International Ice Hockey Federation

Russia’s draft star

Russia’s draft star

Kaprizov bright spot amid U18 failure

Published 24.09.2014 20:06 GMT+2 | Author Slava Malamud
Russia’s draft star
The Ivan Hlinka Memorial Cup has been the biggest international tournament so far for Kirill Kaprizov. He and his team hope to perform better in the 2015 IIHF Ice Hockey U18 World Championship in Switzerland next spring. Photo: Andreas Robanser
Being the No. 1 pick in the KHL Draft may not be as big as having your name called out by Gary Bettman, but Kirill Kaprizov is proving he is worth the hype.

Russia, a perennial powerhouse at the adult and U20 levels, has not exactly been dominating the Ivan Hlinka Memorial Cup for U18 teams lately, treating it more as a first step in the preparation process for the 2015 IIHF Ice Hockey U18 World Championship in the spring.

Still, there is such a thing as lowered expectation and such a thing as an 11-2 scoreline, one which Russia, no matter when and no matter where, should never, ever find itself on the wrong side of. That just may get the locals a bit... restless, shall we say?

But, amid the usual cries of despair and calls to disband the team and urgently birth a new batch of 17-year-olds, which are only to be expected from the internet, one player whom Russia hasn’t ripped into has been a forward from Novokuznetsk by the name of Kirill Kaprizov. And this isn’t just because No. 1 draft picks tend to be given a bit more respect. Kaprizov, though far from perfect, has been the closest to what Russia may call “a bright spot” with three goals and one assist in the team’s three group stage losses. For what it’s worth, he was called Russia’s best player in that catastrophe of a game against the Czechs.

“Of course, we feel the disappointment in Russia,” said Kaprizov the day after the loss. “All I have to do is turn on social media and that’s all I see there. Even if I don’t want to read it, the eyes are drawn to it. There is something we are lacking in this tournament, but it’s not the end of the world. We just have to make the right conclusions from this instead of just throwing it out of our minds.”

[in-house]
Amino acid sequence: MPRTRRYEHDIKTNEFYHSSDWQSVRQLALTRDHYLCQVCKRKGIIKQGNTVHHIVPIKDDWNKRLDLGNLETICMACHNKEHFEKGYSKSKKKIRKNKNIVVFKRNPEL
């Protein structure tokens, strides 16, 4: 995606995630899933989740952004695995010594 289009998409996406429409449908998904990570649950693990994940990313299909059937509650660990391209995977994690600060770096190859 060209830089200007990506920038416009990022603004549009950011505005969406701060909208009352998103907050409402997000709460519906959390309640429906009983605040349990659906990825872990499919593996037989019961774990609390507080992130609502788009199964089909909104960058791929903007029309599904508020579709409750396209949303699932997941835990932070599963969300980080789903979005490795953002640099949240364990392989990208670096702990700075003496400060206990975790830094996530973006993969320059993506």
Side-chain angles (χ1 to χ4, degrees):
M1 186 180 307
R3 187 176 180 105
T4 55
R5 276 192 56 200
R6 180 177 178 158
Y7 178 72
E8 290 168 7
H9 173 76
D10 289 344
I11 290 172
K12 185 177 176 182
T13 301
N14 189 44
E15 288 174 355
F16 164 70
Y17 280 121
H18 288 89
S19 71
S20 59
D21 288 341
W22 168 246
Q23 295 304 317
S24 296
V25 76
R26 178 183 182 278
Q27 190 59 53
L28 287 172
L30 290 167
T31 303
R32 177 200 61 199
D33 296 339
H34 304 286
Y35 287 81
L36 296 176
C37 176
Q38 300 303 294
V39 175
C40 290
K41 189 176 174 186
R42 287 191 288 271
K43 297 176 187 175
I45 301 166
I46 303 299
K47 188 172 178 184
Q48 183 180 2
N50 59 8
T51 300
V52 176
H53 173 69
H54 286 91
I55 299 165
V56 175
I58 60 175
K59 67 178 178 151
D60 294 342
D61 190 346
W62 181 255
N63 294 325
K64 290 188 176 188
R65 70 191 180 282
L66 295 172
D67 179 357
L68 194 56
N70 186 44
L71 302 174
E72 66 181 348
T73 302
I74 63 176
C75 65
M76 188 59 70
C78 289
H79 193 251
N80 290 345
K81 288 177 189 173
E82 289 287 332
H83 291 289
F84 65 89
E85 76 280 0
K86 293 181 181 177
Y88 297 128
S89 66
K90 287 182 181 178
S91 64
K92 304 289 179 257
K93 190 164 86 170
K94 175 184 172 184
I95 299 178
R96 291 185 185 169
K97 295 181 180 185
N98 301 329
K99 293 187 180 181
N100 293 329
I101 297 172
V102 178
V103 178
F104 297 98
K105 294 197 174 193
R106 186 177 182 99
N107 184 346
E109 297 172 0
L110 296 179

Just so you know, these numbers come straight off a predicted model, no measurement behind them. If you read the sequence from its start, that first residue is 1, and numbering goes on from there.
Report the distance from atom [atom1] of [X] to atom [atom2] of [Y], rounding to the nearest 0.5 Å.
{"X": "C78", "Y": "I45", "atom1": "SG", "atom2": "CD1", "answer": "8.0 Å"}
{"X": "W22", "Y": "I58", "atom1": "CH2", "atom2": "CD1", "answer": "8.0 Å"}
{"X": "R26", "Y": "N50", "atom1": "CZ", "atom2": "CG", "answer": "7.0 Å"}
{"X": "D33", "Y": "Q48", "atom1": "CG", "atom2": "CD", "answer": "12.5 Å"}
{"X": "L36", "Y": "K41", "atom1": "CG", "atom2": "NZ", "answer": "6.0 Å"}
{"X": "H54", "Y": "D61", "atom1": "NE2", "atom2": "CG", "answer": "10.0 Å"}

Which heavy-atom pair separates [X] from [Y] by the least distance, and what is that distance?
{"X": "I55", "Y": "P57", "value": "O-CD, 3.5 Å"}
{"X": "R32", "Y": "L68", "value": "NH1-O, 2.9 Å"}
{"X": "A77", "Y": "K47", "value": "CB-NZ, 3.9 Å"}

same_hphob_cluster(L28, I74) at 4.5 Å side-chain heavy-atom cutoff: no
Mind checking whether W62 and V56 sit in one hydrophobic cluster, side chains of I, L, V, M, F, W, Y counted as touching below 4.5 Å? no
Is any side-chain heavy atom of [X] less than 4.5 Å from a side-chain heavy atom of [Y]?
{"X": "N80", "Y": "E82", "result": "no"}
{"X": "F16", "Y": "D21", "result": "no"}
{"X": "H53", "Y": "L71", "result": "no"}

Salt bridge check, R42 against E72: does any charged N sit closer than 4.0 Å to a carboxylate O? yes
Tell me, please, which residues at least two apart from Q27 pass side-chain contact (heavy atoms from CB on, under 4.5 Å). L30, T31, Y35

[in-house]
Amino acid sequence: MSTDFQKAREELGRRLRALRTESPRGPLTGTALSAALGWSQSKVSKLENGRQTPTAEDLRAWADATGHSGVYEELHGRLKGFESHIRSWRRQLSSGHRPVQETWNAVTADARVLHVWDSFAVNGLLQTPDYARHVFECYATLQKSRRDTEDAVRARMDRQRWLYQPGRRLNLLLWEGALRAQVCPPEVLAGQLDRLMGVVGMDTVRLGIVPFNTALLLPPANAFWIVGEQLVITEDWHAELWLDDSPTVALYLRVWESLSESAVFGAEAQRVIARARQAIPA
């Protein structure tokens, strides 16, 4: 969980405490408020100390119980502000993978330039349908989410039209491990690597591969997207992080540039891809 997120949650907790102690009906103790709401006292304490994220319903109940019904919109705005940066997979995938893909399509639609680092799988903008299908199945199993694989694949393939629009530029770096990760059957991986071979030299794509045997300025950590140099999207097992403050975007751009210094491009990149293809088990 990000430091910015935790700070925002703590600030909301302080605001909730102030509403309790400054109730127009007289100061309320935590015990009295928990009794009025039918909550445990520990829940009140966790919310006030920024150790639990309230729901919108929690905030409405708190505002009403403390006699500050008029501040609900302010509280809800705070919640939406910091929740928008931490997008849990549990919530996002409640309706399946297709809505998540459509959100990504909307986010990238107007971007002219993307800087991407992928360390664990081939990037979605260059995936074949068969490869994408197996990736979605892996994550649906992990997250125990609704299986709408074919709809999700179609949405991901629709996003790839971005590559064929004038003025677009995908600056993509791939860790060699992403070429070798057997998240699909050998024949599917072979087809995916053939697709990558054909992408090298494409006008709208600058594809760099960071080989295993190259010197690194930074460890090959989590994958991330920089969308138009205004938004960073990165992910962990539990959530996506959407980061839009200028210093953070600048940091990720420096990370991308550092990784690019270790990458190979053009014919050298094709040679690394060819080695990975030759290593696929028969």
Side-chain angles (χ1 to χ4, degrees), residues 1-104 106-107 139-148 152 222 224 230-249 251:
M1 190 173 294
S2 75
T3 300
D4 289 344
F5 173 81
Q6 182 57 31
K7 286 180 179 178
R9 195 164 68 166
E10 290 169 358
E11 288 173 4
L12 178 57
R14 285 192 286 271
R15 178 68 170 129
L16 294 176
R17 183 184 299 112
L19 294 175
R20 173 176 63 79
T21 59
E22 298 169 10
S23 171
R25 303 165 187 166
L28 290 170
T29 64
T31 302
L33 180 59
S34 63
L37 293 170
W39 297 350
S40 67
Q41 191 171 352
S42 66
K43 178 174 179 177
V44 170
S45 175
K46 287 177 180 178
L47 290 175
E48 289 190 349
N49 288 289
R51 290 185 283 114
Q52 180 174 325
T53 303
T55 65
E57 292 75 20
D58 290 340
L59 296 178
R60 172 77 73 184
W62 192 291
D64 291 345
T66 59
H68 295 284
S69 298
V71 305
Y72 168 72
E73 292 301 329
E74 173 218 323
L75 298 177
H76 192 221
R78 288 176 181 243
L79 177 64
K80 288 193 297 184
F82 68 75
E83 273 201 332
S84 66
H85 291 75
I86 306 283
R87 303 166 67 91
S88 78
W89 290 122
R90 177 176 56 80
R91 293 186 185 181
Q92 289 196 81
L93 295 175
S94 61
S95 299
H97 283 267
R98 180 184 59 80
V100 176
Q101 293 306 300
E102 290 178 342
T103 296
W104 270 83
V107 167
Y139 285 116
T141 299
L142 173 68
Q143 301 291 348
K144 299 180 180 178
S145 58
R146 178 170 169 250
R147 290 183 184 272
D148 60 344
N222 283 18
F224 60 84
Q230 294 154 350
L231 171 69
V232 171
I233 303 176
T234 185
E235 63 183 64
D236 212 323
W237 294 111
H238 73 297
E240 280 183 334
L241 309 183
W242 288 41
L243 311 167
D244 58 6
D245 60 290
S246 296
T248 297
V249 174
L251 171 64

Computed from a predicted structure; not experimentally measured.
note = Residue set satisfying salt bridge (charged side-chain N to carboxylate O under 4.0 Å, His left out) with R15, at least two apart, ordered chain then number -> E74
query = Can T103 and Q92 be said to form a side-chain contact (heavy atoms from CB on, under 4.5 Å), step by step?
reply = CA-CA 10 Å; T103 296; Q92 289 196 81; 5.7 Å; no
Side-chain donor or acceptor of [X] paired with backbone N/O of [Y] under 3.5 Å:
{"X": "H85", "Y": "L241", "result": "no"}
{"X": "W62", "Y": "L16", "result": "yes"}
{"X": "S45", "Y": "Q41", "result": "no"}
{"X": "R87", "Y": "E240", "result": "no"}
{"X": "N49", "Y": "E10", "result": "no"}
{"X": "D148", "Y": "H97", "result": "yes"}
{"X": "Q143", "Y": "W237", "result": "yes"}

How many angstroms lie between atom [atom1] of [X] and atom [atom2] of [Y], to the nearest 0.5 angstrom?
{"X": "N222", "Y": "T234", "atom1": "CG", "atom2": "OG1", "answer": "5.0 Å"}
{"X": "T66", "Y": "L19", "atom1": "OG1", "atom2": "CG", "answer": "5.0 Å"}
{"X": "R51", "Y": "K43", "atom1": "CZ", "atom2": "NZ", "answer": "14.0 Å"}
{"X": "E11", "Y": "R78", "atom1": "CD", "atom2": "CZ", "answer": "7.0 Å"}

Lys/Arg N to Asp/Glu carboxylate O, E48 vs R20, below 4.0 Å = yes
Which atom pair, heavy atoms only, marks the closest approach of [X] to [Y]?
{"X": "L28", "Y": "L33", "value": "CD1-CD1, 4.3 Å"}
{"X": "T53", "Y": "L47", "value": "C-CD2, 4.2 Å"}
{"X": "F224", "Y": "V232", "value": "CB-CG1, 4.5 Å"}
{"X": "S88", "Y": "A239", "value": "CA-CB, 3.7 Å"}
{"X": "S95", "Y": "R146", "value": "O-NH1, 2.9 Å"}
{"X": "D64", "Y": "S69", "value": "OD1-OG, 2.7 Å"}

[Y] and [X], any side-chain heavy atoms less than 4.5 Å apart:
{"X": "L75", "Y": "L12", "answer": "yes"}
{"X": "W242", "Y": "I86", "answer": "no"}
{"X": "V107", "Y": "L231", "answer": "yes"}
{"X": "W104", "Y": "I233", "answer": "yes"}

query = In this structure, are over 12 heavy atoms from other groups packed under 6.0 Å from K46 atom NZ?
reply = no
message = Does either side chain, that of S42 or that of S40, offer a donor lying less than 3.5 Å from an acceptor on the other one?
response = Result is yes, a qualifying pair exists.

Continue reading

As for the terrible score, Kaprizov thinks that, as is often the case at this level, it was mostly due to the team’s falling apart mentally once the game got out of hand.

“It just started happening so fast,” he says. “One goal, two goals, three, then there come the penalties... It was hard to understand what was happening... As for my own performance, I was very unhappy with the first game. I could get nothing right in that one. But against the Americans, things started to get much better and I scored twice. Even against the Czechs, I had some good moments. But overall, I could’ve played much better here.”

Kaprizov took up hockey at the age of four in his native Siberian town after being brought to the rink along with a brother by his dad, who played the game recreationally in his youth. Only one of the younger Kaprizovs liked the sport, but he turned out to be quite a talent. As far back as he can remember, Kirill was always the best player in his age group, the trend which hasn’t stopped yet.

Scouts may already be busy comparing him to other hockey stars, but Kaprizov, a typical Russian goal-scoring forward, insists he had no single role model as a kid. Not that he isn’t a kid still, and as such, it’s always easy to find out whom he likes the most by asking him which team he prefers when playing video games. For Kirill, it’s the Chicago Blackhawks.

“Yes, I like Patrick Kane,” he admits. “But among fellow Russians, Alexander Radulov is probably my favourite. He is always determined to get to the net, always emotionally charged for every game, always fighting and always trying to lead the team. That’s the kind of player I want to be as well.”

Of course, the meaning of the KHL’s No. 1 draft pick isn’t quite the same. Kaprizov’s honour has a lot to do with the fact that Metallurg Novokuznetsk was picking first and, as most teams would do, moved in to protect its own best prospect. Unlike, let’s say, his NHL counterpart Aaron Ekblad, Kaprizov isn’t even guaranteed a spot in the Metallurg lineup this year.

“I won’t be a better player just because of (being picked first),” says the engaging and down-to-earth Kaprizov. “Everything will depend on how well I perform in practice. Our training camp just ended and it looks like I did well. The coach, from what I got, was happy with me.”

While well known among the Novokuznetsk hardcore hockey fans, who hound him at the arena and in social media, he hasn’t quite become a household name yet, which is probably appropriate for someone born in 1997. As for the NHL Entry Draft, for which he will be eligible next summer, Kaprizov is trying hard not to think about it too much.

“It will all depend on how I will play this season, so I must concentrate on that,” he says. “As long as I get picked, I will be happy, no matter which round. In any case, I would want to spend the next few years in Novokuznetsk and focus on making the team here.”


Back to Overview